08 July 2013 | Montenegro
If I asked 100 people in the United States what they think about Montenegro, 95 would answer “Monta-what?” The other 5 would think it’s a backwards post Yugoslavia state that had attacked Croatia. They, like me, would be apprehensive to visit such a place, fearing some type of extremist people. My vision from reading cruising guides lead me to believe it was a beautiful fiord that was sparsely populated by fairly poor people. I had read also that a new marina was being built for Mega-Yachts but wasn’t finished yet so the prices were low. This was our destination and we had three days to explore the area.
Well, my vision and the reality we experienced could not have been further apart. Never in my life of traveling did I get something so wrong. From the moment we entered the Boka Kotorska (Bay of Kotor) it was apparent this was a magical area. I’m going to break this story into three posts, the first detailing our experience with the people and beauty of the region, the second on the marina Porto Montenegro, and the third an Megan James, a wonderful woman we met in the port.
The cities and homes along the shore were very beautiful as we motored through the bay. There were remnants of the past military all along the coast. Many abandoned submarine and cannon bunkers dotted the shoreline along with century old fortifications. Herceg Novi, which I had expected to be a fishing village, was a full fledge modern city with many new holiday homes. Most of the buildings have a similar appearance to Dubrovnik with red clay tile roofs and white stone exteriors. There is substantial vegetation with flowering bushes and trees along with large strands of pines.
The bay is broken into three main sections separated by two narrow channels. In the first two the surrounding mountains flow gently down to the water. In the last the mountains are very high and steep straight down to the water. There are many small ancient villages along the shore of this bay, which are stunning when viewed from the water. Perast is an old town of seafarers. The Russian Czar sent men to be trained on sailing centuries ago. Now it is for tourists and features two small islands off its shore. One has a church on it dedicated to all the sailors lost at sea and the other has a Monastery. Further down the bay is the medieval city of Kotor with impressive fortified walls extending up the mountain slope. We only viewed this bay from the water due to poor planning and time restrictions.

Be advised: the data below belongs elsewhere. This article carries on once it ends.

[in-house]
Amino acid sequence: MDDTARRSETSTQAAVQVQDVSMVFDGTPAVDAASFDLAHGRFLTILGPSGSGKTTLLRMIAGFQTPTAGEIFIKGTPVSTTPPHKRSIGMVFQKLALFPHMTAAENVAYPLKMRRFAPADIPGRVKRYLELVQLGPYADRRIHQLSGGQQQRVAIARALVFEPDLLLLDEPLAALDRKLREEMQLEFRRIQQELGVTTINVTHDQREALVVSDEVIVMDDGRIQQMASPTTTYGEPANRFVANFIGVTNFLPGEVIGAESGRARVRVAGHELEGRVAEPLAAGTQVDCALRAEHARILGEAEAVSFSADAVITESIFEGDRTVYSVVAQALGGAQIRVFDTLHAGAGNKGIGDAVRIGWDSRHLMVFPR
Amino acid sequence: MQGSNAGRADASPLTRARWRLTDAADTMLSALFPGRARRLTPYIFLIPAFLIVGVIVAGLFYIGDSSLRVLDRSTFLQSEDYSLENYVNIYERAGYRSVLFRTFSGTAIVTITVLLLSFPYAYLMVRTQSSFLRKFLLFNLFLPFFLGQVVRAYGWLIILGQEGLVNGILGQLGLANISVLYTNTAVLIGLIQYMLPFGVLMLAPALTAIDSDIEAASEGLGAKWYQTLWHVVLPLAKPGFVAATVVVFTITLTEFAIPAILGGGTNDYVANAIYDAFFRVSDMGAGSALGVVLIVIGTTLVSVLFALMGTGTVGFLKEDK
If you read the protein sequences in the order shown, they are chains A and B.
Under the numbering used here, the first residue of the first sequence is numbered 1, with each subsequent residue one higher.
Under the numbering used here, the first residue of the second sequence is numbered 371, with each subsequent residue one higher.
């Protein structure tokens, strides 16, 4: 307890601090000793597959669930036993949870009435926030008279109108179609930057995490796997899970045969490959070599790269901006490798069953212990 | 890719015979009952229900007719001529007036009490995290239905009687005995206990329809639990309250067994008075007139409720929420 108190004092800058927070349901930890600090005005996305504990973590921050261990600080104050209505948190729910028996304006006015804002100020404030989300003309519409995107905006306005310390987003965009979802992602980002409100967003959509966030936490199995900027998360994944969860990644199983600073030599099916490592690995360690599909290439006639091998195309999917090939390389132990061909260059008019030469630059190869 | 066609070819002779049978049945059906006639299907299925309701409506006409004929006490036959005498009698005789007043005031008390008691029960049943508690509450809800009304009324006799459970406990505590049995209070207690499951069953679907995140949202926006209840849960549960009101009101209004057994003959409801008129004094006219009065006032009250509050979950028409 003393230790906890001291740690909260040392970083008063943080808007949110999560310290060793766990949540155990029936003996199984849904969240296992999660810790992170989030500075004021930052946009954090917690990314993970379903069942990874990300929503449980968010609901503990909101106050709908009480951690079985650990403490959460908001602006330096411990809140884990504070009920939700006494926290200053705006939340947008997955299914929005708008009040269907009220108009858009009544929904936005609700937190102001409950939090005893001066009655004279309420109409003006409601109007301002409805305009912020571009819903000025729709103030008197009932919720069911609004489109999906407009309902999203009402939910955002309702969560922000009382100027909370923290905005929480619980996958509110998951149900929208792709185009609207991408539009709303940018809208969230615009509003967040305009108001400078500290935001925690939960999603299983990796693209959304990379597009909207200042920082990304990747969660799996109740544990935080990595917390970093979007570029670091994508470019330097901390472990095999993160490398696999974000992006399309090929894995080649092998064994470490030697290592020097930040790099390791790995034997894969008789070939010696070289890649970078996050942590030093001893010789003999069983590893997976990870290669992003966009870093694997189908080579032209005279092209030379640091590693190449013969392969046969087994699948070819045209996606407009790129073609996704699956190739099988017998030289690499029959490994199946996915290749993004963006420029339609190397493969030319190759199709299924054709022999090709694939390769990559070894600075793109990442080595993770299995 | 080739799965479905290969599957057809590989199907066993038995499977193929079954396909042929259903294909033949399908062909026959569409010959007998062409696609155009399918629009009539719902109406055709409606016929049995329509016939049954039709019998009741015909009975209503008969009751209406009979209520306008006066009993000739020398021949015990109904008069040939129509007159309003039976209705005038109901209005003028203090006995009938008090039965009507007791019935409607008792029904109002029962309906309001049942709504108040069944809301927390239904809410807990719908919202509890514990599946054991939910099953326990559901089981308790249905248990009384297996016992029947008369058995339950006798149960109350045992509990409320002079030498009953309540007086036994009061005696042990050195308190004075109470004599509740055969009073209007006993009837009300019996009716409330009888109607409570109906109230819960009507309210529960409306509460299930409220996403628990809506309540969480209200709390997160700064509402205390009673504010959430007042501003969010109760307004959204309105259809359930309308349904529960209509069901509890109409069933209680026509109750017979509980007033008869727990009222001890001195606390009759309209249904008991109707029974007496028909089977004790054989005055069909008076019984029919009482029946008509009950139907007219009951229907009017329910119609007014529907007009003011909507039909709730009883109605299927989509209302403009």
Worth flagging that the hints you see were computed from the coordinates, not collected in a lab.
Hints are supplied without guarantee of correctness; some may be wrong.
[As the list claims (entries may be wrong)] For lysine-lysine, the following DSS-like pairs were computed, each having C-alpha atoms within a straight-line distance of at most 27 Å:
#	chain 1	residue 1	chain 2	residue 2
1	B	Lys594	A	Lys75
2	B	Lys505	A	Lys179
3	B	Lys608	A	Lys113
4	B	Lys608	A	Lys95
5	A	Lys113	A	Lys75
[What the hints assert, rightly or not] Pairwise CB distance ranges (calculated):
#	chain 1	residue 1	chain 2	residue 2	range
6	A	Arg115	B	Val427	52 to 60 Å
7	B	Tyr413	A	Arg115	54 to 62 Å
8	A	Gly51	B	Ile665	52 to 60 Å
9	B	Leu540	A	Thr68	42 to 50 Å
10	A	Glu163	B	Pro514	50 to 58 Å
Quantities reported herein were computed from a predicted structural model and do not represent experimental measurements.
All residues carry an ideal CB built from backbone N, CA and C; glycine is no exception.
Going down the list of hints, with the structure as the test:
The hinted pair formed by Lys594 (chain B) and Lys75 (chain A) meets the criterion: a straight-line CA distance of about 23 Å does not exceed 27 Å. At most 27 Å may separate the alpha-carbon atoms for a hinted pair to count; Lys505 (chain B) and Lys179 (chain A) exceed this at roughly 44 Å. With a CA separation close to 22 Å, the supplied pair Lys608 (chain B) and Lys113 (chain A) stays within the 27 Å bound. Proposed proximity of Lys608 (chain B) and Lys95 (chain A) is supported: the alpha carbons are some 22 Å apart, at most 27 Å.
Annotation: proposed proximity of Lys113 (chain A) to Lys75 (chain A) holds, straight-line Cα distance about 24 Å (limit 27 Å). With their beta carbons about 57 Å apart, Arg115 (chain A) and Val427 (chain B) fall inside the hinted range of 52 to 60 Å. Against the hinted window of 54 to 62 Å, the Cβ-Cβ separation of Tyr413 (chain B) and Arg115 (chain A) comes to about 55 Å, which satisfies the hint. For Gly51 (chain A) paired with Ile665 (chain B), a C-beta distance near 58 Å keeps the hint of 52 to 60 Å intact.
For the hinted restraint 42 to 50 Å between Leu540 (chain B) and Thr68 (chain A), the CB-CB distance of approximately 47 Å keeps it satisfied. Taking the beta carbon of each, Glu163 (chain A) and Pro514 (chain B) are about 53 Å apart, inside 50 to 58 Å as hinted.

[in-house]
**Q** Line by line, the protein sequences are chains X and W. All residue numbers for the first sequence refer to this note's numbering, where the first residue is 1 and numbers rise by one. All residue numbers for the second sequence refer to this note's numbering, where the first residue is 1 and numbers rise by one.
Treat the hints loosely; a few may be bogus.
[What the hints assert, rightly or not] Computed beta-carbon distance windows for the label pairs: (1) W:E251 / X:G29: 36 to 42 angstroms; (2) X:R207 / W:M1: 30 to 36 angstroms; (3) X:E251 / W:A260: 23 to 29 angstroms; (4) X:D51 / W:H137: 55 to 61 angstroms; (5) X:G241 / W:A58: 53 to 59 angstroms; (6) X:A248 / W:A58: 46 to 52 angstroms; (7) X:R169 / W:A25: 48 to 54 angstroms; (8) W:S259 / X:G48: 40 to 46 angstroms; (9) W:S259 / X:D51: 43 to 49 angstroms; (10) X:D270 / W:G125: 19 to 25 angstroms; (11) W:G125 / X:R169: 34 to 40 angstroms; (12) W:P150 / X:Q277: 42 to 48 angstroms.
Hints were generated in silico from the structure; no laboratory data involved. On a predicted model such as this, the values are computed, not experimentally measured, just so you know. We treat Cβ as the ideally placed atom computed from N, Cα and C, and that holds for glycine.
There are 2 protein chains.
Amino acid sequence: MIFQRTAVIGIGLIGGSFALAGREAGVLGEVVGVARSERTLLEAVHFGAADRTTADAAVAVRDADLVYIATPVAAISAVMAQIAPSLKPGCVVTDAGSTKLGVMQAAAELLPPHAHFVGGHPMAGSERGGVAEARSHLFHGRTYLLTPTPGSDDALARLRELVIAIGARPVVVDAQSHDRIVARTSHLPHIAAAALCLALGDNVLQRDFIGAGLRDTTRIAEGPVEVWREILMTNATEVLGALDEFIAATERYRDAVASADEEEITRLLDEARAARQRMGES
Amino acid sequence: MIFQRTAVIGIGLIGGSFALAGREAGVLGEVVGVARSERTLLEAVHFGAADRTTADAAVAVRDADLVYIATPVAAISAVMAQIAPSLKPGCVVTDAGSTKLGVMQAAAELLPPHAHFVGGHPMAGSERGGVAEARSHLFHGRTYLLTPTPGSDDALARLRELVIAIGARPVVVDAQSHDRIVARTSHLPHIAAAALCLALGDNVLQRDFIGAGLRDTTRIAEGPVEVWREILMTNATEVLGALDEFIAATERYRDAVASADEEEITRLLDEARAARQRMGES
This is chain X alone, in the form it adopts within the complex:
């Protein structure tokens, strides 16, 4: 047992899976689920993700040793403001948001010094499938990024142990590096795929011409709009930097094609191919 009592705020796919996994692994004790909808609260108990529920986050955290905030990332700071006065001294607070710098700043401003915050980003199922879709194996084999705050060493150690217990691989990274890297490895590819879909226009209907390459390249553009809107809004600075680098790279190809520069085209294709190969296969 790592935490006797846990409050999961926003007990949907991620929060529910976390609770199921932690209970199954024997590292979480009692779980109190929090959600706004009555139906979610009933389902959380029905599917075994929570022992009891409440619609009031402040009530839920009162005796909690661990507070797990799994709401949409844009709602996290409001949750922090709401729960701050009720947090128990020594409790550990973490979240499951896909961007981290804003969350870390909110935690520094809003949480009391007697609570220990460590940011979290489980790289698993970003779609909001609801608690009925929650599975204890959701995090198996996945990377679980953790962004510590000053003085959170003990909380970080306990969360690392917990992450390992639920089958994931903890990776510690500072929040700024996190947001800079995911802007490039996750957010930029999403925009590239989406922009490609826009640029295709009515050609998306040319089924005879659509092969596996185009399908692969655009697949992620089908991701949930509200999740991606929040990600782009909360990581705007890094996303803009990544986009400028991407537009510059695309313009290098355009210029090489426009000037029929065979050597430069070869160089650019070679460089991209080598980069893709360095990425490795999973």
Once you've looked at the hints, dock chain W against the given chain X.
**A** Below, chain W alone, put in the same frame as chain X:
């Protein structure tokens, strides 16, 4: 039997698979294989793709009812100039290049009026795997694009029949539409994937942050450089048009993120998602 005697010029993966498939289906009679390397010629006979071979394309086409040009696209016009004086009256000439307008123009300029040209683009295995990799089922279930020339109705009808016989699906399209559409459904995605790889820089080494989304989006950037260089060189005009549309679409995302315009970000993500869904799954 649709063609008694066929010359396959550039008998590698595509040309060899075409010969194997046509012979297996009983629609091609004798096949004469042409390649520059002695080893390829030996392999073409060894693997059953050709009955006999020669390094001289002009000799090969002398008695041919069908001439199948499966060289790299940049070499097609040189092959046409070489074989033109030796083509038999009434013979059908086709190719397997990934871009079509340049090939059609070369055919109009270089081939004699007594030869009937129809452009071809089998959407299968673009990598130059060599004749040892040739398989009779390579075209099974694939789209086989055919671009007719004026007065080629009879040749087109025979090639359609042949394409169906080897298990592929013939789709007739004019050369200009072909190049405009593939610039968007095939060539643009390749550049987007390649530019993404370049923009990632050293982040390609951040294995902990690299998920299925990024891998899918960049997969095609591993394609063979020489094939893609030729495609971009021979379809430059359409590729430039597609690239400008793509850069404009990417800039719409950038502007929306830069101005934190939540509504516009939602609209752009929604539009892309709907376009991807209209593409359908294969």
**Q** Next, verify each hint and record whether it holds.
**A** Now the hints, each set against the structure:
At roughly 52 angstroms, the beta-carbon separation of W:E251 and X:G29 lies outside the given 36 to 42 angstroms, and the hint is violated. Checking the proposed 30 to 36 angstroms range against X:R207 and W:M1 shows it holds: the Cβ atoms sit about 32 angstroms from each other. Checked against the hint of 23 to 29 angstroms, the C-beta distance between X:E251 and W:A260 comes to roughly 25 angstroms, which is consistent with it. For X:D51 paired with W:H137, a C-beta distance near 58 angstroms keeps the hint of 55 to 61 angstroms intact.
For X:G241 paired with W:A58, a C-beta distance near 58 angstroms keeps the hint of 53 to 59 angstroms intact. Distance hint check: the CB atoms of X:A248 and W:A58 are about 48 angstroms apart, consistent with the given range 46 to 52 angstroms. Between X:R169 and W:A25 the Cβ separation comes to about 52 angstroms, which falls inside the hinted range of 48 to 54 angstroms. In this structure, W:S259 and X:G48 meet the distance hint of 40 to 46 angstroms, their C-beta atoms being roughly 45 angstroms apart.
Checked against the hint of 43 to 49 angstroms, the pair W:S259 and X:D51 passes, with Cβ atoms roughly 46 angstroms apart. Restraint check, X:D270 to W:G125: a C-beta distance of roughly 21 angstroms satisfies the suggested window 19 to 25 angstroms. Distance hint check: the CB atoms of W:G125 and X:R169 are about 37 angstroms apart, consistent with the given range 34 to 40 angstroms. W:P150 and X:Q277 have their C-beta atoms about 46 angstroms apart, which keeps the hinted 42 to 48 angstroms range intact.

I must comment on this last bay. It was the most beautiful area on the water I’ve ever seen. In my imagination it reminded me of what New Zeeland might be like. Beyond this I can’t describe, you just have to see it to believe and appreciate it. To add to the natural and man made beauty, there were thousands of locals lining the shore swimming and playing with their children in a simplistic lifestyle. Throw a stone, cast a fishing line with a cane pole, swim along the shore with friends. Montenegran’s are also some of the most pleasant people we have met in our travels. They are happy and helpful. With that, I will make this statement; I’ll not leave the Mediterranean on Palarran without returning to this country in order to fully experience what it has to offer. We all feel this way.